On Sunday Christians across the globe celebrated Jesus’ resurrection. We celebrated that Jesus overcame the power of death by making the ultimate sacrifice and with that sacrifice gave us the gift of eternal life with the father
Some days it is easy to forget His gift came at a tremendous price. Jesus was maliciously whipped raw, nailed to a cross, pierced by a spear, and humiliatingly murdered! Satan (the ultimate taker) thought he had a decisive victory at Calvary—which was the Son of God killed at the hands of those He loved lavishly (all humanity). Yet, Calvary is not a story of a taker's victory but of the ultimate givers triumph.
Here are 4 quick reasons why Christians need to focus on becoming a community of givers and not a community of takers.
1. Givers accomplish their vision without compromising their ethics
Society has trained us to win by any means necessary because at the end of the day—being a winner matters. Philosophically it’s called consequentialism—that if a goal is morally important enough (i.e. getting that raise, closing the big deal, getting your political candidate in office), any means used to attain it are excusable.
Jesus’ example is drastically different from this. He held unyielding faithfulness to the moral principles set forth in God’s word and he did this while finalizing God’s plans on earth. Jesus said, “I am the fulfillment of the law and prophets.” He was the perfect embodiment of God’s laws and the Kingdom of God that old testament Prophets spoke of. Jesus’s goal on earth, then, was to establish heaven on earth and in our hearts by embodying all of the promises and commands of scriptures—in every situation He faced and every encounter He had. Much like we do in our daily business affairs, Jesus had a strategy in mind for accomplishing His vision.
Where Jesus differs from us is He never ever wavered in His desire to accomplish His mission by righteous means. Jesus could have easily conquered through domination. Recall that He was literally offered the earth and all its treasures if He would abandon God the Father. An easy enough task for some of us. How often have we abandoned our morals for an easy win, a quick A on a test, an increase in salary, or an easy conversation with a neighbor? To win righteously was to give over His body, His relationships and His very life to God’s mandates. Kingdom followers can use Jesus as an example. One must be prepared to surrender our need to take the easier road and give over our life and our bodies to others and to God.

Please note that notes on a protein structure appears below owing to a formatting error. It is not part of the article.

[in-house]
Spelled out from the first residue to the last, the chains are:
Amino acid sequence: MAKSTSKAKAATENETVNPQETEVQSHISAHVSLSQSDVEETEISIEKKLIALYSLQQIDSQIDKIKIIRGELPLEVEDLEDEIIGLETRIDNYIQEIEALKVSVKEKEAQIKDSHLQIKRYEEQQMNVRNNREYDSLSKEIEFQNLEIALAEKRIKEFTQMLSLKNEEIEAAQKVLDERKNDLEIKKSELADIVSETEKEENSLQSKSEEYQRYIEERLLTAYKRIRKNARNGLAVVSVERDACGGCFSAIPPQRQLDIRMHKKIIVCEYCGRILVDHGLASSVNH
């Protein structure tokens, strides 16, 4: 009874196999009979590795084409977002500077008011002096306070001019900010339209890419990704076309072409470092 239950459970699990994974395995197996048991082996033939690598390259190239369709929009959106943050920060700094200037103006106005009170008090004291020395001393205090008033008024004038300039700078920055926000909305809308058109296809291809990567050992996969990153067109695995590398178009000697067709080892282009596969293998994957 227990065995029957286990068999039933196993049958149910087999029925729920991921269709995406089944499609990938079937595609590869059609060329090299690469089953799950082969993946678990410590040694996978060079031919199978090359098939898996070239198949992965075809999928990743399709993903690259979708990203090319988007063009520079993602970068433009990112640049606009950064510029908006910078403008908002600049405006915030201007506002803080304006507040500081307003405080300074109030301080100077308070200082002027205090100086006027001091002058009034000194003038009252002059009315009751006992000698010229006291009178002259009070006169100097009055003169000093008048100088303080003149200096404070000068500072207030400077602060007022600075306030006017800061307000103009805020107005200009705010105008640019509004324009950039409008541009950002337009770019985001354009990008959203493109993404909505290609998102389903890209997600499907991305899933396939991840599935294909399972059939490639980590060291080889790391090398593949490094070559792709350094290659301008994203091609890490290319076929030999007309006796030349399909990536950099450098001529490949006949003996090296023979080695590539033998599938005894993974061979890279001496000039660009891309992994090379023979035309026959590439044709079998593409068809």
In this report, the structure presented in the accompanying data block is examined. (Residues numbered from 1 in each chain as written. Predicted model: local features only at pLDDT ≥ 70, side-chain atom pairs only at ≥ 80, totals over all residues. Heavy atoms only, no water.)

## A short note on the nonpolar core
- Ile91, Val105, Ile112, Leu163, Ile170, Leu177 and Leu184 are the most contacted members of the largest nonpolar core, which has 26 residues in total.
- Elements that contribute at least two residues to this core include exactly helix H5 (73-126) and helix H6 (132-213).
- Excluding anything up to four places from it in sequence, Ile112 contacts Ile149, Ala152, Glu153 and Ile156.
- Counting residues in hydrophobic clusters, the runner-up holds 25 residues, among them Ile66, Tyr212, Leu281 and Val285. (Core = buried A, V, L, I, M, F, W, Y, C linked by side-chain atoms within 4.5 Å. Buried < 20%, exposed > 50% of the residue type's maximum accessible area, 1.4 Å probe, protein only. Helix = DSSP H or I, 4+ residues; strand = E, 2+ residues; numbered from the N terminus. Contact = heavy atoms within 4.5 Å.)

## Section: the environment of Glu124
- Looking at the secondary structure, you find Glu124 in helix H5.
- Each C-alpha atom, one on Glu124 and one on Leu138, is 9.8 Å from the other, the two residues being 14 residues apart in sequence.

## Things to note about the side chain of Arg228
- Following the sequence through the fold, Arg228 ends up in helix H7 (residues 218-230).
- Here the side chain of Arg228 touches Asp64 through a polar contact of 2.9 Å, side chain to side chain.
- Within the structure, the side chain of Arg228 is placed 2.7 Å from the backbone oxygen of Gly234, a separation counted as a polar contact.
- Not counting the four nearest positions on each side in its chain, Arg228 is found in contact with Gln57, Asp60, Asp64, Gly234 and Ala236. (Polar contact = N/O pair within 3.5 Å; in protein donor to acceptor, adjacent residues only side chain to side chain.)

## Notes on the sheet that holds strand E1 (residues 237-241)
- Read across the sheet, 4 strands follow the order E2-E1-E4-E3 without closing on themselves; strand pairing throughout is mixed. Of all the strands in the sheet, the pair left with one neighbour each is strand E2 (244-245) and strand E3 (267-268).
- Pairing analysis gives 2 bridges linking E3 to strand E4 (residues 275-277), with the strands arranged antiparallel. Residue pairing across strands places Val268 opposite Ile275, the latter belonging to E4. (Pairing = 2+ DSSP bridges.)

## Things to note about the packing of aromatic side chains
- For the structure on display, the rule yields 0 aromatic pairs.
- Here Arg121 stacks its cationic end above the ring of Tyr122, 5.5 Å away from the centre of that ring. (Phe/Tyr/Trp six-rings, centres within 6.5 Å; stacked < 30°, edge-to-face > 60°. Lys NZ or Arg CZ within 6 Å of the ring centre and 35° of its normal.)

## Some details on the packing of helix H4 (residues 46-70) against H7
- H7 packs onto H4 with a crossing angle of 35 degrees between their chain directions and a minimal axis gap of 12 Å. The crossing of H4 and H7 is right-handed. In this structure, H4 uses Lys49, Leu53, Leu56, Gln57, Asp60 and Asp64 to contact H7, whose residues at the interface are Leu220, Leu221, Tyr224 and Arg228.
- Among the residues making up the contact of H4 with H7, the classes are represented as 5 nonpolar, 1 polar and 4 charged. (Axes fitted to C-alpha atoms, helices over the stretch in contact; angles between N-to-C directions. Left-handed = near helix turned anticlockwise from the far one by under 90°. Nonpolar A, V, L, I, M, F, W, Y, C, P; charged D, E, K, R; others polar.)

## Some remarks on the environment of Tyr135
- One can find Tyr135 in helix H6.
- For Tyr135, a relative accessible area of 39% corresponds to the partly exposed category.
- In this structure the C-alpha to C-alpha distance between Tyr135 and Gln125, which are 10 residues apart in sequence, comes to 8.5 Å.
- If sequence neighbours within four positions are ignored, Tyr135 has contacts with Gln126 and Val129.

2. In the end, Takers never prosper
Jesus suffered. He was ridiculed, despised, and rejected by religious and political powers. On the verge of making the ultimate sacrifice those closest to Him abandoned Him to suffer alone. Though a perfect sinless man, he suffered because of the sins of others.
Because givers freely offer time, resources, and counsel to people, inevitably they open themselves up to being taken advantage of. When this happens, they will suffer. The suffering most often manifests from a break in relational trust such as a business deal gone bad, a community turning against you, or a friendship that has been abused. No one likes feeling used and no one likes having their good will manipulated.
Does that mean you should avoid suffering?
It is easy to live a life avoiding “suffering” and allow this to supersede any vision (or action) we may have for accomplishing all the God has in store for us. After all, you’ll never see our culture suggest that we should give ourselves over to help people freely. It’s every man for themselves and see who can get to the top of the pyramid of life the fastest. Our culture says every time you aren’t on TOP you are actually on the bottom. As though God’s intention for all of us is to live a life filled with winning and each blessing you don’t win—or that somebody else gets—is one you lost. But Jesus' example proved that giving over your life and in fact suffering itself exposes sin and flips the cultural narrative revealing christ’s truth: one life is worth all the suffering in the world and each person is priceless to God.
Jesus—the consummate giver—changed the world forever and for the better because He gave his life to forGIVE us our sins. And in doing that- he saved the world. His death and resurrection proves that givers have the ultimate and final victory in all spheres of life despite any suffering they may receive from the practices of takers.
If you suffer because of someone else’s actions there is a better future on the other side of your suffering that will bless you and others, now and in the future. A perfect example that comes to mind would be the Civil Rights movement. Had the black community not suffered in righteous resistance white takers would have remained emboldened to keep segregation alive. Scripture is clear that those who give shall receive an abundance in return. Don’t let the few takers in your life that take advantage of your kindness derail your vision for faithful greatness. Give as you would give to Jesus, he can refill your cup with more blessings than any taker in your life can take from you